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-   -   Should I Increase the Fermentation Temp (http://www.homebrewtalk.com/f163/should-i-increase-fermentation-temp-382260/)

Ondori 01-17-2013 05:09 PM

Should I Increase the Fermentation Temp
 
So, I have a batch of robust porter going for about a week now. I have seen that a lot of people start to ramp up the temperature towards the end to give the yeast a last hurrah, is this something that would benefit me with a porter? Right now I am fermenting at 64 degrees.

cooper 01-17-2013 05:11 PM

Depending on the type of yeast but I'd say no. I'd keep it at 64 degrees unless your recipe calls for some of the esters produced by the yeast from ramping up the temps like in a Belgian Ale.

Ondori 01-17-2013 06:29 PM

Nah, I am using S-04. I just didn't know if that was a general thing to do to help them finish at the end. Definetly don't want any esters in my porter lol. Thanks for the reply :)

WoodlandBrew 01-17-2013 06:38 PM

High temperature at the start of fermentation will produce esters. It's tied to cell division. high temperature at the end of fermentation will aid in reabsorption of fermentation byproducts by the yeast, such as dactyl. (known as a dactyl rest). that being said, 64 is high enough for reabsortion, so I would leave it. If you were lagering you might want to bring it up toward the end of fermentation.

anbowden 01-18-2013 01:39 PM

Quote:

Originally Posted by WoodlandBrew (Post 4796188)
High temperature at the start of fermentation will produce esters. It's tied to cell division. high temperature at the end of fermentation will aid in reabsorption of fermentation byproducts by the yeast, such as dactyl. (known as a dactyl rest). that being said, 64 is high enough for reabsortion, so I would leave it. If you were lagering you might want to bring it up toward the end of fermentation.

Is 64 high enough for reabsortion for all yeast strains?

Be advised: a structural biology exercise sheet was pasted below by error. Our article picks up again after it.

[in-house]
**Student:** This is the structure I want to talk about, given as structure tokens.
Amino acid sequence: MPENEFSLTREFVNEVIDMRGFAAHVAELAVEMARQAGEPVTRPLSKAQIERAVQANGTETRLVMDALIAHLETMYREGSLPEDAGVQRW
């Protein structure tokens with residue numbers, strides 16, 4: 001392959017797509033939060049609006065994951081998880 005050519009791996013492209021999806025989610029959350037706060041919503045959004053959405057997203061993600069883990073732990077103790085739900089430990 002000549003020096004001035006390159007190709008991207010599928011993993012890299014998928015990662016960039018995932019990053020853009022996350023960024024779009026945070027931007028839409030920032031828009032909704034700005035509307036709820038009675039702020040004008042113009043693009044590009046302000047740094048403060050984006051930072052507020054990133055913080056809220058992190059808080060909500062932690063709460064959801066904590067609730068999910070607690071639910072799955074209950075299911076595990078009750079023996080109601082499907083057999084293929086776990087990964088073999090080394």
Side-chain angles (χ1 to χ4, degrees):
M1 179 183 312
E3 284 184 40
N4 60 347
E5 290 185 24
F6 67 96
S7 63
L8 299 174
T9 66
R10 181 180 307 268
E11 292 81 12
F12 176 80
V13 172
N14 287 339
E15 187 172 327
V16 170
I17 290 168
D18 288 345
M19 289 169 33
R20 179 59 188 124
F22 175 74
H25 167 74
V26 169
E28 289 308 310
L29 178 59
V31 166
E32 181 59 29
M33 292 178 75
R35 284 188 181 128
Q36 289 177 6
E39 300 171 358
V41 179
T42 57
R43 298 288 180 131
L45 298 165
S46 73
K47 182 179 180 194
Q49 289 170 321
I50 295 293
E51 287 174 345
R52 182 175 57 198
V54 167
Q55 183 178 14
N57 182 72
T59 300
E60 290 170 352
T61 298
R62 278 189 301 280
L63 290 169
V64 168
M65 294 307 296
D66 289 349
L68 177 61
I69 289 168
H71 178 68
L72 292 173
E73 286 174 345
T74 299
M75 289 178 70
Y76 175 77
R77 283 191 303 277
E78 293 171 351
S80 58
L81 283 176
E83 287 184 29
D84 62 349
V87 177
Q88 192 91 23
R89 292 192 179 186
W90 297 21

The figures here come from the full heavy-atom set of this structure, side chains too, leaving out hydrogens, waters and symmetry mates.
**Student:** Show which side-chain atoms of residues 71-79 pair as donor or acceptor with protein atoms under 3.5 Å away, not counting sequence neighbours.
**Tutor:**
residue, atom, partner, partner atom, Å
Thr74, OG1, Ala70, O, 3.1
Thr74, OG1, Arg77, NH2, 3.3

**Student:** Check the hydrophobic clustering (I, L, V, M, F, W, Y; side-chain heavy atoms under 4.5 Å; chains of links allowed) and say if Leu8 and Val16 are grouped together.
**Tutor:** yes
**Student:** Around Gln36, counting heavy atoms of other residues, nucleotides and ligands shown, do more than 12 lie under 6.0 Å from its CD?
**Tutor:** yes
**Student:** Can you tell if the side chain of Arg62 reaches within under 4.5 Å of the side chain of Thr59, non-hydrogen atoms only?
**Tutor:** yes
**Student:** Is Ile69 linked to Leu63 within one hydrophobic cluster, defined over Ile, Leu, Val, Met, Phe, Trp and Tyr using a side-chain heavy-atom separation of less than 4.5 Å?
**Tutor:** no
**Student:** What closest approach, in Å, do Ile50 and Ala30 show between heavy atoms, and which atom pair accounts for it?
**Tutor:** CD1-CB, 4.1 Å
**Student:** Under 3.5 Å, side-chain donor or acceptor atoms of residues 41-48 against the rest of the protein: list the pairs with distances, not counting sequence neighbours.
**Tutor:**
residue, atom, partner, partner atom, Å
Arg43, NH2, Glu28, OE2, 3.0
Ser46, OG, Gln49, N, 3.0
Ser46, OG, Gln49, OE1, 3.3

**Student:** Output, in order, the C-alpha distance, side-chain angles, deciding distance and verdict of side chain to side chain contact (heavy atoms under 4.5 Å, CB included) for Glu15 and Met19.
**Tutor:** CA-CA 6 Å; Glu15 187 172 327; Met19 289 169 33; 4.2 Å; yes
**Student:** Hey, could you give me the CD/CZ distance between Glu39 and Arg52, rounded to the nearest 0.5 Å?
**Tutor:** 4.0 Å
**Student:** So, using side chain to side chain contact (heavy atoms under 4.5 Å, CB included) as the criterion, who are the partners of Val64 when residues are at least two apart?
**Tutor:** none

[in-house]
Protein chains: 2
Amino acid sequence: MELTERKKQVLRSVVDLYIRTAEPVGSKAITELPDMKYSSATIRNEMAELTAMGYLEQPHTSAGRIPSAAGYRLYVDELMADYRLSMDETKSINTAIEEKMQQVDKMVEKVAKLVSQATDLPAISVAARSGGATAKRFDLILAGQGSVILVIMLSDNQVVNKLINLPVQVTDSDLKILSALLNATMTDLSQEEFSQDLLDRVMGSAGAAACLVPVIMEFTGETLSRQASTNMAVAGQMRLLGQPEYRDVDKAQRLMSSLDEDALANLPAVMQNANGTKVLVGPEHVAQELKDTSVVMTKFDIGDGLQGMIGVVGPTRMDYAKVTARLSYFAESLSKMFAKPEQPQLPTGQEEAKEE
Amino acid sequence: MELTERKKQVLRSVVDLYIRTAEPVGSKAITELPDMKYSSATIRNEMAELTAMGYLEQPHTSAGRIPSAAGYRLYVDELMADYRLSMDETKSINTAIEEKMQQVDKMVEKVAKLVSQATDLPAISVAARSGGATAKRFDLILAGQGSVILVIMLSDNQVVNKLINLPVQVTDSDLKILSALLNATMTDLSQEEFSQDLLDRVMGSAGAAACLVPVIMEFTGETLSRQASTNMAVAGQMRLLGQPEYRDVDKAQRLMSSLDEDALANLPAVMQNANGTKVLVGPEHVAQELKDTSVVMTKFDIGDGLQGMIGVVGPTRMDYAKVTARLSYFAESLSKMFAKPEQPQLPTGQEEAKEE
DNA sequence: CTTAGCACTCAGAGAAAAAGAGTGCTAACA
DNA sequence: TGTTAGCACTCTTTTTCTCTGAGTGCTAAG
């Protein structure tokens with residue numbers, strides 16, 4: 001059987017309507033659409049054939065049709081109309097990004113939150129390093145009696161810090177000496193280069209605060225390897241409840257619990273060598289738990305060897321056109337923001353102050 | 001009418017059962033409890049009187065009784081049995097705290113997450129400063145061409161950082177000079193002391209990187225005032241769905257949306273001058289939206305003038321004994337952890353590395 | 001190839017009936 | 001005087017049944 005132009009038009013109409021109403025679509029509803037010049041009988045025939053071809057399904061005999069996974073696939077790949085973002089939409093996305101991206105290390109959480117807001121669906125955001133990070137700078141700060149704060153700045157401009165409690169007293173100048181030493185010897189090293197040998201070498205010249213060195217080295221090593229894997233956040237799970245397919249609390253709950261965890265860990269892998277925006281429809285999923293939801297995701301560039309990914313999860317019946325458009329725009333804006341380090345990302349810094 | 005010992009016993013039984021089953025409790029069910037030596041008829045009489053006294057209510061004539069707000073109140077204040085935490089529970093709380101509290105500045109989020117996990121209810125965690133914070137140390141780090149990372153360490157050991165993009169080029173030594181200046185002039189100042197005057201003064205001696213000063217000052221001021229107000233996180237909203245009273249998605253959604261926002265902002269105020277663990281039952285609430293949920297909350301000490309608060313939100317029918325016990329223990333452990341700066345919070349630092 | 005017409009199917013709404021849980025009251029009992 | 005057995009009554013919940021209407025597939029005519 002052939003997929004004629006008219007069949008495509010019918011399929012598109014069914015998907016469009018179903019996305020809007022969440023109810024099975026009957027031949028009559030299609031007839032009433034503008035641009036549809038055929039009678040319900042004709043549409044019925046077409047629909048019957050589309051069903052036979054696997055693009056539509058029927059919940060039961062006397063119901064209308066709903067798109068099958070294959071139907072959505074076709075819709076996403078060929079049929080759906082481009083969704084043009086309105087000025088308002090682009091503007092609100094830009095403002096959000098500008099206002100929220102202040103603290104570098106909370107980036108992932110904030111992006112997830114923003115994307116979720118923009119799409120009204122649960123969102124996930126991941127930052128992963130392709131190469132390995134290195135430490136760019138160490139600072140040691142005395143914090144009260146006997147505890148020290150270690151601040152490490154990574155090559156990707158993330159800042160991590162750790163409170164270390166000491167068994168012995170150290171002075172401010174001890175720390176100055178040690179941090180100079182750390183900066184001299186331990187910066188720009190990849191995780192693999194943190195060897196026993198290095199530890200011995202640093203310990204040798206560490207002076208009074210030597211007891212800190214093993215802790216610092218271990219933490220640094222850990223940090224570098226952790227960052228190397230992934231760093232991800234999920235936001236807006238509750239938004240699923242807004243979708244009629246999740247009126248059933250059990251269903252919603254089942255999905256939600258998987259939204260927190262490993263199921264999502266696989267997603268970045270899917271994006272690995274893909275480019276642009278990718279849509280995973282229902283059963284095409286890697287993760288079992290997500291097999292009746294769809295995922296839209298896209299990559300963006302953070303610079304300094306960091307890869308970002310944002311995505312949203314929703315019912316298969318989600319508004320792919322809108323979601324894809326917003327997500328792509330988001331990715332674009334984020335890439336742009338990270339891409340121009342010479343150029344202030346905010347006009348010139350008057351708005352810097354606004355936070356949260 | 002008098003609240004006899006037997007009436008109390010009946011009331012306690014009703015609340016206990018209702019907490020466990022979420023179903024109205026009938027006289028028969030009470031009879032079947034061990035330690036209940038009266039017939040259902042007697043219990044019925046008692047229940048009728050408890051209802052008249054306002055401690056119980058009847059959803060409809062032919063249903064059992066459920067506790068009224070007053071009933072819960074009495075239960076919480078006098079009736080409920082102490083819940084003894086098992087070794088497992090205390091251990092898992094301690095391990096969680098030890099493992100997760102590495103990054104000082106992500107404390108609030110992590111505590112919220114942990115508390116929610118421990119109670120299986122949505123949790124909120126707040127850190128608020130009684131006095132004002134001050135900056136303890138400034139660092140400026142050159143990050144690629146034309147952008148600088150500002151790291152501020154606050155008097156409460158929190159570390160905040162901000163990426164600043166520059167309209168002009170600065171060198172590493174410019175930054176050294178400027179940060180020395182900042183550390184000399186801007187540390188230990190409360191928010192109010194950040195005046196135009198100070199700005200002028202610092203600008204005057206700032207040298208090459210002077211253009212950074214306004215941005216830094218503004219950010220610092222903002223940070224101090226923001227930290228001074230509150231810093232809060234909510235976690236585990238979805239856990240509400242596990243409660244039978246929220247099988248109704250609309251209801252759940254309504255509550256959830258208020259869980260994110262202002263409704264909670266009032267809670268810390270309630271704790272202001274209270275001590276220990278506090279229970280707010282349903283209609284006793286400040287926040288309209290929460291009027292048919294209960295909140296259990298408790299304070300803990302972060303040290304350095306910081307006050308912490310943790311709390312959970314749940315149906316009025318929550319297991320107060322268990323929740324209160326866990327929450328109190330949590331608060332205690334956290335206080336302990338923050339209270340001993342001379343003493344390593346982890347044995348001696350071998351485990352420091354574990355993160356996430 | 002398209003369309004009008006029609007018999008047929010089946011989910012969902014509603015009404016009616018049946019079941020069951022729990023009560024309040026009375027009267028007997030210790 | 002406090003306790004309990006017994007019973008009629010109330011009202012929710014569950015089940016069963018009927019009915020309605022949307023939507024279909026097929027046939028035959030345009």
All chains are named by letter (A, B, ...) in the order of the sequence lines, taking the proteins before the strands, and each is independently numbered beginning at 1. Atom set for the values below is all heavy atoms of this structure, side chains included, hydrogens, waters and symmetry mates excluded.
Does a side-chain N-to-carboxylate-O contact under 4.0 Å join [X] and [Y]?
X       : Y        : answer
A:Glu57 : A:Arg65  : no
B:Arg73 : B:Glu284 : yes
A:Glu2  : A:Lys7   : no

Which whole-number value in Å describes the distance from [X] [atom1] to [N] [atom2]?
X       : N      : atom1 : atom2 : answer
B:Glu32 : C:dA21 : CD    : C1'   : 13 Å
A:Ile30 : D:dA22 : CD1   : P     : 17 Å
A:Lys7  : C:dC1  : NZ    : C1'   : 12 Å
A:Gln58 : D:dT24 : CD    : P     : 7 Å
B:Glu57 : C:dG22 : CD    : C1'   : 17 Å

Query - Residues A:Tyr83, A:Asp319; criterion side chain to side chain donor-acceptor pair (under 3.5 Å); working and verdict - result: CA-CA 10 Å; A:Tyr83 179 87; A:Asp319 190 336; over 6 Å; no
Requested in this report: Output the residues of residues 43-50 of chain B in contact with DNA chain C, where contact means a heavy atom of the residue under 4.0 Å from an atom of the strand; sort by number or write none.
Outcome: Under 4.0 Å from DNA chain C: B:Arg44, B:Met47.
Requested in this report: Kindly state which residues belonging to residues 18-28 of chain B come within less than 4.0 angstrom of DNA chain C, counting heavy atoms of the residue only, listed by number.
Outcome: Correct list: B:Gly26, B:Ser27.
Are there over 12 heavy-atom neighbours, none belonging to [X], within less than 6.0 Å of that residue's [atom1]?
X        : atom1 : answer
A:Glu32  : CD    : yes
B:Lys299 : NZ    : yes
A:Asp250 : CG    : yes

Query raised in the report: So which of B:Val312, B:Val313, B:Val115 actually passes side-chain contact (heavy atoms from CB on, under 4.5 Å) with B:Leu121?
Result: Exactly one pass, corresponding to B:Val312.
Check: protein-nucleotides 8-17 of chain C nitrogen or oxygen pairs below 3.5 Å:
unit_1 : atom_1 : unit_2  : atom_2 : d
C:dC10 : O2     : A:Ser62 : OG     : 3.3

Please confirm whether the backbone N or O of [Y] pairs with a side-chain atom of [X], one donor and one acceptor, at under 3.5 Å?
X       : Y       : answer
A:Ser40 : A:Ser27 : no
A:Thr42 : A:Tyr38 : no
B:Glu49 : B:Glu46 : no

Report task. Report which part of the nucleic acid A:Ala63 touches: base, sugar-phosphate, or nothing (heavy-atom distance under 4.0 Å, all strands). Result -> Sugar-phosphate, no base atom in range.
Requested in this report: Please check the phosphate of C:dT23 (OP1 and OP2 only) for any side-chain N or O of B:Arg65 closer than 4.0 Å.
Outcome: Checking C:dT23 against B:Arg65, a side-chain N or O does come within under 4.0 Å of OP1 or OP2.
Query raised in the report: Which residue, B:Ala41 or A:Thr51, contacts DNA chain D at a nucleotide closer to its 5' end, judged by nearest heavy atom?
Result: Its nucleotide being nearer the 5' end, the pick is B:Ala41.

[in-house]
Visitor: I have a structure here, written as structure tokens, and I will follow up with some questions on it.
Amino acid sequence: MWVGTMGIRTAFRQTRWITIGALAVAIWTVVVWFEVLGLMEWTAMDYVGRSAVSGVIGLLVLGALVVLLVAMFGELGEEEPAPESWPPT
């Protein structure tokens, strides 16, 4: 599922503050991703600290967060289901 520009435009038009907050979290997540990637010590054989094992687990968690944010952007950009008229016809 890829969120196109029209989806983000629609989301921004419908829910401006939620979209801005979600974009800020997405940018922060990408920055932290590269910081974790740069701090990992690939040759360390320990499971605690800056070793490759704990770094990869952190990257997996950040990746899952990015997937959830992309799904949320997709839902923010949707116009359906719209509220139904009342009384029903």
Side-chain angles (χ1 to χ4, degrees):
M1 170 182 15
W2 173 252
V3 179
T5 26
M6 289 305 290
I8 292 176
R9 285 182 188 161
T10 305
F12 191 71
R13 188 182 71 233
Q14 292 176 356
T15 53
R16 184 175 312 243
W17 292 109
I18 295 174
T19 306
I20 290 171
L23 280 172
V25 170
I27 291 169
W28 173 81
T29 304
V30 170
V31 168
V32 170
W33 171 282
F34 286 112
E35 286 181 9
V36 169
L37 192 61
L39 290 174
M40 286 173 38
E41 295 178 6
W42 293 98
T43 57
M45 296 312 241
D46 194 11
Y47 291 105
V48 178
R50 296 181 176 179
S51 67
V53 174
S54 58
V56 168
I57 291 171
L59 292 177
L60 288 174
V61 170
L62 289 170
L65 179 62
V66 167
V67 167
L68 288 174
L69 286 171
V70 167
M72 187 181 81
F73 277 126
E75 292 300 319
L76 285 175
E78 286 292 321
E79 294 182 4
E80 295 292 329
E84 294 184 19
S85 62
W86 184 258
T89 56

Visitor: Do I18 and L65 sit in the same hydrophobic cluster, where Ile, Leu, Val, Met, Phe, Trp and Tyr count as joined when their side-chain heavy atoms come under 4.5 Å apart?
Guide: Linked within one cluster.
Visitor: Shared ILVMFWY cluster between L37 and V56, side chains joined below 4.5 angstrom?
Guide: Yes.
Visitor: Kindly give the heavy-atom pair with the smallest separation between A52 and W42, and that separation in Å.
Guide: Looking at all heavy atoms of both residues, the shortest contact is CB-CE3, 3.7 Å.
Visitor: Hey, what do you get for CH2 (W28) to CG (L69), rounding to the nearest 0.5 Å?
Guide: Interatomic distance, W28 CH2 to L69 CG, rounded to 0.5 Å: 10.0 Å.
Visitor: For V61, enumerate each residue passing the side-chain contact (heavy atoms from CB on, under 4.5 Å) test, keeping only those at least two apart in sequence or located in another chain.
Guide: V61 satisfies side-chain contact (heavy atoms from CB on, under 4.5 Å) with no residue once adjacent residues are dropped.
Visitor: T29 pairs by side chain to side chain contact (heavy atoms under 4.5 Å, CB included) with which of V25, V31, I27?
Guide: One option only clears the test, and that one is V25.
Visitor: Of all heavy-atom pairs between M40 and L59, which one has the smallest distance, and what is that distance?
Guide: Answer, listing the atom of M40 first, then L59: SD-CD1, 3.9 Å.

Generally speaking, how long do you need to artificially keep the temp. bumped up to complete reabsortion and/or fermentation? I'm currently doing my first temperature controlled fermentation and it seems like I've prolonged the fermentation for about 1 day due to bumping up the temperature a few degrees. I'm not sure when to call it quits and let it quit, and get cold.

Thanks,
Andy

WoodlandBrew 01-18-2013 02:26 PM

Quote:

Originally Posted by anbowden (Post 4798847)
Is 64 high enough for reabsortion for all yeast strains?
Generally speaking, how long do you need to artificially keep the temp. bumped up to complete reabsortion and/or fermentation? I'm currently doing my first temperature controlled fermentation and it seems like I've prolonged the fermentation for about 1 day due to bumping up the temperature a few degrees. I'm not sure when to call it quits and let it quit, and get cold.

Thanks,
Andy

Personaly I haven't explored the effects of different temperatures and different yeast strains for diacetyl rests. Two or three days at something at or about 65F work for me. For more inforamtion search for "Noonan Palmer diacetyl rest"

Here is a link:
http://www.howtobrew.com/section1/chapter10-4.html

Also, in my previose post I wrote "dactyl" that should have been "diacetyl"

cooper 01-22-2013 05:36 PM

Quote:

Originally Posted by WoodlandBrew (Post 4796188)
High temperature at the start of fermentation will produce esters. It's tied to cell division. high temperature at the end of fermentation will aid in reabsorption of fermentation byproducts by the yeast, such as dactyl. (known as a dactyl rest). that being said, 64 is high enough for reabsortion, so I would leave it. If you were lagering you might want to bring it up toward the end of fermentation.

Awesome! I learned something new about the ester production being only at the start of fermentation when the yeast is dividing to increase cell count. This would also be a really good reason to use large yeast starters, and that's why it's even more important in a lager as the temps are even cooler around 50F

WoodlandBrew 01-22-2013 05:52 PM

Yes, a large starter, or another way of pitching enough yeast cells. Pitching 1/5th of a slurry is normally adequate. If you want to reduce esters, then it's better to over pitch and ferment cold. The converts is true if you want to increase esters such as in many Belgium styles.


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